Among CBO’s predictions of how a minimum wage increase would affect workers, the budget office estimated nearly a million people would be lifted out of poverty. At the same time, it would result in the loss of 1.4 million jobs, pushing hundreds of thousands of workers out of the labor force by the time the federal minimum reaches $15 in 2025, disproportionately affecting “young, less educated people,” CBO forecast.

Republicans seized on the predictions of job loss and increased inflation. Rep. Virginia Foxx (R-N.C.), the ranking Republican on the House Education and Labor Committee, said CBO’s report on “the radical Democrat legislation” paints “a dire picture for workers and small businesses.”

A minimum wage increase could affect as many as 27 million workers who were earning less than or slightly above $15 in 2025, the budget office predicted. The report estimated that cumulative pay for workers affected by the increase would go up by $333 billion in the 10 years after the bill is enacted.

While Sanders highlighted the positive aspects of the budget office’s deficit projection, he also complained about the hefty cost that CBO estimated for his plan. “I find it hard to understand how the CBO concluded that raising the minimum wage would increase the deficit by $54 billion,” he said, noting that the budget office previously estimated it would expand the deficit by far less.

CBO’s predictions are contrary to Sanders’ argument that his bill would provide overall savings for taxpayers and ultimately reduce the deficit by lifting workers out of public assistance programs.

According to the budget office, the bill would actually increase Medicaid and Medicare spending because of the number of people “who lost employment as a result of the minimum-wage increase and thus became eligible for the program” and because “payment rates for health care providers would be higher.”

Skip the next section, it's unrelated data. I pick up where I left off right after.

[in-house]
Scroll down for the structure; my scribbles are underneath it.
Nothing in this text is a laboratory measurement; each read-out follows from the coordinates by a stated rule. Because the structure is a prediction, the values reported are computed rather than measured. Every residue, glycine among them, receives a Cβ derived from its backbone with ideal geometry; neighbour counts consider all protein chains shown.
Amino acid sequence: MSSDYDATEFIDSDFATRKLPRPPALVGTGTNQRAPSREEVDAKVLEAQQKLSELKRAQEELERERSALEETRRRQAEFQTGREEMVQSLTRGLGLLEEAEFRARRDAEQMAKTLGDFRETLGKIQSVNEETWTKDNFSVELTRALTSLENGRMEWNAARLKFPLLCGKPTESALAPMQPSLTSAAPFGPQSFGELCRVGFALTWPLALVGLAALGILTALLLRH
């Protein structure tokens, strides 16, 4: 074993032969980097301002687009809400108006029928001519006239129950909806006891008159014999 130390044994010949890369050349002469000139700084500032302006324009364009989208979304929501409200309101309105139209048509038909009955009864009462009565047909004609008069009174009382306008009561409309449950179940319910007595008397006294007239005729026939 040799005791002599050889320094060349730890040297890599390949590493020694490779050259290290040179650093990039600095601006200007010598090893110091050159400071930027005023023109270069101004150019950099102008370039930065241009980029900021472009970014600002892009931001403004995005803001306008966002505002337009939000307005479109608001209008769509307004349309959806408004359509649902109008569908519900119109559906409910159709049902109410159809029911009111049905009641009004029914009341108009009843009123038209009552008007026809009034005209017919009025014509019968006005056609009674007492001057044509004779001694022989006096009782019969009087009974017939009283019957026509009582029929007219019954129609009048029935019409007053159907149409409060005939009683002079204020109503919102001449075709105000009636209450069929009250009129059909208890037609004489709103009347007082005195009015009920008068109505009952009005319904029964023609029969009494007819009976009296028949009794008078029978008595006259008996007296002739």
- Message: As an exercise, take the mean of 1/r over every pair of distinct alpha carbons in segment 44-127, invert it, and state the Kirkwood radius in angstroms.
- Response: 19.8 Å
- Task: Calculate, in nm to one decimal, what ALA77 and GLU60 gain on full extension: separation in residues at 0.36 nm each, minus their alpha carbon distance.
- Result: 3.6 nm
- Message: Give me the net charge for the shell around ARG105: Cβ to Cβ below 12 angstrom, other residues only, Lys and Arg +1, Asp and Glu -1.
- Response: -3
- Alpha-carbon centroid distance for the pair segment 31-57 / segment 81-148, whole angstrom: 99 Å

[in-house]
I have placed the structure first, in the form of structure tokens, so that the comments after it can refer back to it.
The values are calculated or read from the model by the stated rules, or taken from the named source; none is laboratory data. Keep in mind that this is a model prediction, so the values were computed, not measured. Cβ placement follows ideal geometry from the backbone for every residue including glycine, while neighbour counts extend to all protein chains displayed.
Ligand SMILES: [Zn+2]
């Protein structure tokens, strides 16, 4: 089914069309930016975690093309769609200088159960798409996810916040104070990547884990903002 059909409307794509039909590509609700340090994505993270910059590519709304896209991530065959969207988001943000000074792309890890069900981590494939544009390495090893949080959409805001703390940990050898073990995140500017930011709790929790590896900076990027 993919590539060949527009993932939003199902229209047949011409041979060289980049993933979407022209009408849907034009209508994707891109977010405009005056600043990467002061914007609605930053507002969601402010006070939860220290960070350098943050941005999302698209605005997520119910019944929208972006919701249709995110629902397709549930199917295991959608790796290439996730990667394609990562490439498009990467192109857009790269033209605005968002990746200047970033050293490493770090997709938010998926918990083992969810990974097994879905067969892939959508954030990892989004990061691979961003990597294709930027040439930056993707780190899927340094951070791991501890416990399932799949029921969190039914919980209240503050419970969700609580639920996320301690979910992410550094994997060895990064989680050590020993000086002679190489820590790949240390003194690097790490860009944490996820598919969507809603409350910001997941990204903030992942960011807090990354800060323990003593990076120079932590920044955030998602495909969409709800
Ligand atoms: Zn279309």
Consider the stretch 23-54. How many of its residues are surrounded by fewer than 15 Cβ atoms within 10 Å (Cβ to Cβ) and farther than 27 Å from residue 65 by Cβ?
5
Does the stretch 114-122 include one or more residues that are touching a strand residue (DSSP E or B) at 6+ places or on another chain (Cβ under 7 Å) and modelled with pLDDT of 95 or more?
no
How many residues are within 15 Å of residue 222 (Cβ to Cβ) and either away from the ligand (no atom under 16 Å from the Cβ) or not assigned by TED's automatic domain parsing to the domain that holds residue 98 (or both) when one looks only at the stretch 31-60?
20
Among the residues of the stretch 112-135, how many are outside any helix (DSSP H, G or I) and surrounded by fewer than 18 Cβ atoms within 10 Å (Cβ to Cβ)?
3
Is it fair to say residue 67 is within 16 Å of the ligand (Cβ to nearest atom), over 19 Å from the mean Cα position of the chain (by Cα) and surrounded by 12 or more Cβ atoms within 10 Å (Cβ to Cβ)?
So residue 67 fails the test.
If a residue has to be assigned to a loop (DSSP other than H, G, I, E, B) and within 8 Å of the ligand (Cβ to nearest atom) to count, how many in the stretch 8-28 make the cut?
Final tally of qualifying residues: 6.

House Education and Labor Committee Chair Bobby Scott (D- Va.), who is the sponsor of the House version of the bill, H.R. 603 (117)), said the report “shows that increasing the minimum wage will act as a direct and targeted stimulus for struggling workers and their families.”

Scott also argued that the CBO prediction “strengthens the case for gradually raising the minimum wage through the COVID-19 rescue package.”

Advocacy groups pressuring Congress to raise the federal minimum wage also hailed the CBO report as a victory.

“There are over 54 billion reasons for the Senate parliamentarian to stand with 32 million workers,” People for Bernie, a grassroots movement that supported Sanders’ presidential bid, said in a statement.

Frances Holmes, a member of the union-backed “Fight for $15” campaign, said the CBO report “confirms what we already knew — the Senate can raise the minimum wage to $15 as part of the COVID relief package.”

“We don’t need excuses from our nation’s leaders,” Holmes said. “We need relief.”

Marianne LeVine, Caitlin Emma and Laura Barron-Lopez contributed to this report.